On February 16, the case of Belsat TV journalist Katsyaryna Andreyeva and camerawoman Darya Chultsova continued to be heard in Frunzenski district court of Minsk. The judge is Natallya Buhuk.
Katsyaryna Andreyeva and Darya Chultsova were arrested on November 15 for broadcasting live a violent dispersal of a rally in memory of murdered protester Raman Bandarenka and the destruction of a national memorial in the so called Square of Change by security forces. They were filming and commenting on what was going on from the apartment on the 14th floor of the house on Smarhouski Trakt Street in Minsk, where they had been invited by the hosts. After the rally, armed riot police broke the door to the apartment and detained the girls.
At first, Katsya and Dasha had administrative reports filed against them under Article 23.34 and 23.4 of the Administrative Code. They were accused of allegedly participating in an unauthorized protest and disobeying the police. On November 17, a Minsk court sentenced them to 7 days of administrative arrest for their professional activities. The court ruling said that Katsyaryna and Darya had committed an offense, but their actions did not constitute a crime.
However, contrary to the court’s findings, a criminal case was launched against Belsat journalists right at that time. On November 20, they were charged under Part 1 of Article 342 of the Criminal Code (organisation and preparation of actions that grossly violate public order). The girls were kept in custody and transferred to Zhodzina prison and kept in separate cells. The two media workers are facing up to three years in jail. The investigation also claims that the livestream of the journalists resulted in the stoppage of 13 buses, 3 trolleybuses and 3 streetcar routes as well as the damage to the city transport agency Minsktrans (around 11,562 rubles).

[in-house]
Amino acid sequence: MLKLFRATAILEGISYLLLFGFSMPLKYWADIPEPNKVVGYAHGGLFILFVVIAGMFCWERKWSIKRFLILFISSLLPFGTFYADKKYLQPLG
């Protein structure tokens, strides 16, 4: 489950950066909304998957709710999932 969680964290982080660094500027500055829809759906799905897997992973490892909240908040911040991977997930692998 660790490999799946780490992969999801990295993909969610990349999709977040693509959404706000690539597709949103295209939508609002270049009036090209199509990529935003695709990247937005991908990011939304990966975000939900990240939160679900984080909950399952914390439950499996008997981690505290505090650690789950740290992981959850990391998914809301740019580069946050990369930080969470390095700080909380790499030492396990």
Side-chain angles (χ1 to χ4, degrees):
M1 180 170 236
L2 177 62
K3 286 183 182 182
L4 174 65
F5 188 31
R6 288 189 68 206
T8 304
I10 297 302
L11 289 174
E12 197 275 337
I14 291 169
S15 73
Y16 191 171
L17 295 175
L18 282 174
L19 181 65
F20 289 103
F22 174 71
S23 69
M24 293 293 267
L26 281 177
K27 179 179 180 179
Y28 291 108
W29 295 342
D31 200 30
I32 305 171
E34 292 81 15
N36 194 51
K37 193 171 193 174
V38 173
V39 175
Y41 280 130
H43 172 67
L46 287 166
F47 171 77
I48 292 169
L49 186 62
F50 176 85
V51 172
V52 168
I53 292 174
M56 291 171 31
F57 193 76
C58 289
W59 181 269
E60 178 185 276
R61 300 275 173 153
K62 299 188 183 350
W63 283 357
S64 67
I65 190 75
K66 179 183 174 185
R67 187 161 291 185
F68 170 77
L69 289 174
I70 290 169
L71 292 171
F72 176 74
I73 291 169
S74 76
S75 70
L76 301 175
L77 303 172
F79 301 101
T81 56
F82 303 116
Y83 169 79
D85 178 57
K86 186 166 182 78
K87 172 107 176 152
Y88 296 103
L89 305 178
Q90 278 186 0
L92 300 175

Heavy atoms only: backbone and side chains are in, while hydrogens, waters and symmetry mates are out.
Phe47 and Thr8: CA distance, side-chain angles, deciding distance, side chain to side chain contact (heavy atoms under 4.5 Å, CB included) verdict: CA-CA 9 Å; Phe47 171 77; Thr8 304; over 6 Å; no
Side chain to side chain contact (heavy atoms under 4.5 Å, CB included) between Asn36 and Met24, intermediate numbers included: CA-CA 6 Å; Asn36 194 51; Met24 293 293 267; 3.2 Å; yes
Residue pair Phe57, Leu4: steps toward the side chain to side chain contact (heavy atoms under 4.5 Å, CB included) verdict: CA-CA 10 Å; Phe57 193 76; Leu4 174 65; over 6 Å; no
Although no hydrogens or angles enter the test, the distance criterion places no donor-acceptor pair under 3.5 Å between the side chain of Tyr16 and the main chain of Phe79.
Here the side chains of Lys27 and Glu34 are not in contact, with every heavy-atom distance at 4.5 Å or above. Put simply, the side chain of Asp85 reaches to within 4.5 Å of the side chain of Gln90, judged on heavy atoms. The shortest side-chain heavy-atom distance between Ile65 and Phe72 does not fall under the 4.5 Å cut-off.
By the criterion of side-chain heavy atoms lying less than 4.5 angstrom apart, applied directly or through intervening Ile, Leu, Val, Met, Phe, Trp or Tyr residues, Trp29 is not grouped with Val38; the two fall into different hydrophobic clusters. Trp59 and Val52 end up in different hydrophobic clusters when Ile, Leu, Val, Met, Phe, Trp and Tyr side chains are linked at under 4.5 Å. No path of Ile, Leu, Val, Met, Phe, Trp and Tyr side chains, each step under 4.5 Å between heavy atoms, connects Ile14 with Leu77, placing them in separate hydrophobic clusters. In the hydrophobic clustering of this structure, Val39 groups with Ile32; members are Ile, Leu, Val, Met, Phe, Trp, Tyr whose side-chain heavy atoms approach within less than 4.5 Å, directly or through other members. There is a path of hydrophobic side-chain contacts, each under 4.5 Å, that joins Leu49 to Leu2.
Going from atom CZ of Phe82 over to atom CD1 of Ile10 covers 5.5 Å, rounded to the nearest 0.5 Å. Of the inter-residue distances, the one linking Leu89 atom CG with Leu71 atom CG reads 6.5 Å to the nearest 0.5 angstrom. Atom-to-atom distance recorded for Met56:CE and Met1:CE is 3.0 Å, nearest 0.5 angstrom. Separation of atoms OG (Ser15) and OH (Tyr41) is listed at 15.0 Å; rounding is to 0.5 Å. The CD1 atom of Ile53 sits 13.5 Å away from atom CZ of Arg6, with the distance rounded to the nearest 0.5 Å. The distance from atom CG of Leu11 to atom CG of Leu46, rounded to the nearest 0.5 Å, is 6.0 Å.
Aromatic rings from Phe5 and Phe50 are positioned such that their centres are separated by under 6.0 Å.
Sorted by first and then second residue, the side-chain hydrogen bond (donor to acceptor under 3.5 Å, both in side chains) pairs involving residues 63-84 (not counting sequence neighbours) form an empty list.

On November 24, Belarusian human rights watchdogs recognised Katsyaryna Andreyeva and Darya Chultsova as political prisoners.
14:30 The trial started. Not everyone who would like to is allowed to be present. Many independent journalists are barred from entering the courtroom. There are a lot of people waiting in the lobby. A woman asks whether the hearing is being held in camera, the guards respond: “There are no vacant seats!”
14:40 The lawyer asks the court to request the information about traffic delays on November, 15. The prosecutor objects; the judge partially upholds, there will be no request to the traffic police.
14:45 The defence says that the case file contains some ‘incorrect’ quotes from the stream.
14:50 The defence asks to place the mobile operators’ replies in the case file. According to them, on that day the mobile Internet in Minsk was practically switched off, which may be a proof of the Belsat TV crew’s inability to ‘coordinate protests’ via livestreaming. The judge granted the motion.
15:00 The prosecutor quotes Katsyaryna Andreyeva’s words; they are supposed to prove her guilt. However, all the quotes are nothing but factual findings. The only сall that Katsyaryna addressed viewers was ‘be careful’. The defence provides an alternative transcript of Katsyaryna’s quotes.